In Meditations on First Philosophy Meditations III and V Rene provides arguments for the existence of God. Arguments for the Existence of god: If he can conceive of some idea with so much objective reality that it must come from some cause with more formal reality than he possesses, the Meditator reasons that he will then know that something outside his mind exists. God is an infinite substance whereas he is only a finite substance. Since the idea of God cannot have originated in himself, he concludes that God must be the cause of this idea and must therefore necessarily exist. God: his existence would immediately be perceived clearly and distinctly if it weren't for the confusions caused by the senses and preconceived opinions.

Now that God's existence has been established, it is as certain as any other clear and distinct perception. Why does he offer these arguments? He wishes to prove the existence of the external world in order to achieve his aim of a new system of knowledge built on solid foundations. Do they work for his purpose? Are these arguments sound? he cannot doubt the existence of God, since he has such a clear and distinct perception of God's existence. The idea has infinite objective reality, and is therefore more likely to be true than any other idea. He concludes that he comes to know these facts through clear and distinct perception, and reasons that it should follow that all his other clear and distinct perceptions are true... Do they accomplish for him what he thinks they do? Why? He cannot doubt that he exists or that this fact follows from the fact that he doubts, because that truth is 'revealed...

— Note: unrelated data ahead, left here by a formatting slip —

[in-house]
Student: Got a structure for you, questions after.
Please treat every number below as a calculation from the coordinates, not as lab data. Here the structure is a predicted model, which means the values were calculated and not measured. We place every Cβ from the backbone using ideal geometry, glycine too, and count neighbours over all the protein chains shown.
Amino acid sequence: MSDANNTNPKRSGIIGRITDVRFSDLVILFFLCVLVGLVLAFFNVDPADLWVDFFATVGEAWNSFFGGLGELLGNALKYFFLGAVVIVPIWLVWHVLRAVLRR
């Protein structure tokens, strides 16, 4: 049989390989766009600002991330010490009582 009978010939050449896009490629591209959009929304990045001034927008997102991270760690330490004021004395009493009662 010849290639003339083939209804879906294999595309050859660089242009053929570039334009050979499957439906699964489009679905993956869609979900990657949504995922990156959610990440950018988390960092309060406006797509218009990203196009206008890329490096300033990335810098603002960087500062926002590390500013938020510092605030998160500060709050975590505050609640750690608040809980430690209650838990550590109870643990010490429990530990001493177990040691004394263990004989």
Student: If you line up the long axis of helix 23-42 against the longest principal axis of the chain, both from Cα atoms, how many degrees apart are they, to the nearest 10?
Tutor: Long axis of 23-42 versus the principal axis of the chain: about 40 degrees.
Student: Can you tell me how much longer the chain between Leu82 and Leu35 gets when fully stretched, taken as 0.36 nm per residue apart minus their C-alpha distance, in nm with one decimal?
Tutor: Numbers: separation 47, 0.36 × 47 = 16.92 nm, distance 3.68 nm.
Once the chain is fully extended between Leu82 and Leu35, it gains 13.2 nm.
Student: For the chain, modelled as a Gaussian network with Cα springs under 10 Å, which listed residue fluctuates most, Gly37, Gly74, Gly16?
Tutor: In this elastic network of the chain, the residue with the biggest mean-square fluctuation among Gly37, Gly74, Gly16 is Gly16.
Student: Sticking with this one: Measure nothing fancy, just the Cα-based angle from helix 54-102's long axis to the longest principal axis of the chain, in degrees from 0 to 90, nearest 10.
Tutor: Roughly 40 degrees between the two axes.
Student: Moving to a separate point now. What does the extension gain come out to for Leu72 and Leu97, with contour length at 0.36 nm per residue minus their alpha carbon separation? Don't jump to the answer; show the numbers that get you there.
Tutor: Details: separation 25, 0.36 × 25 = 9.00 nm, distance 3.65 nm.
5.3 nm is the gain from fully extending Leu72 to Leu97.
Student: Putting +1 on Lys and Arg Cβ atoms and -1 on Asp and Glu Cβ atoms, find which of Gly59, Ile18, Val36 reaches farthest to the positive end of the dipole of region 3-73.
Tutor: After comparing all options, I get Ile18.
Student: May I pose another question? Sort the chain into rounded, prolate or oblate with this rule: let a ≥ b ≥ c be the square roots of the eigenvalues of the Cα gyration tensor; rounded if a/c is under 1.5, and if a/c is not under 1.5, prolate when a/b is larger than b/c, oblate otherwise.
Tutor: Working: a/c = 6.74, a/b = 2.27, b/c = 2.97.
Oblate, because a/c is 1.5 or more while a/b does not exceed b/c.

by the natural light.' Natural assumptions, on the other hand, are far less certain than the natural light, and have misled him in the past. He concludes that his knowledge of the cogito and the sum res cogitans are clear and distinct perceptions. Thus, he concludes, all clear and distinct perceptions (which he sometimes refers to as 'the natural light') must be certain. no effect can have a greater amount of reality than its cause. That is, everything that comes into being must be made to be by something that has an equal or greater amount of reality. For instance, a stone can be made by chipping off a larger piece of rock, since.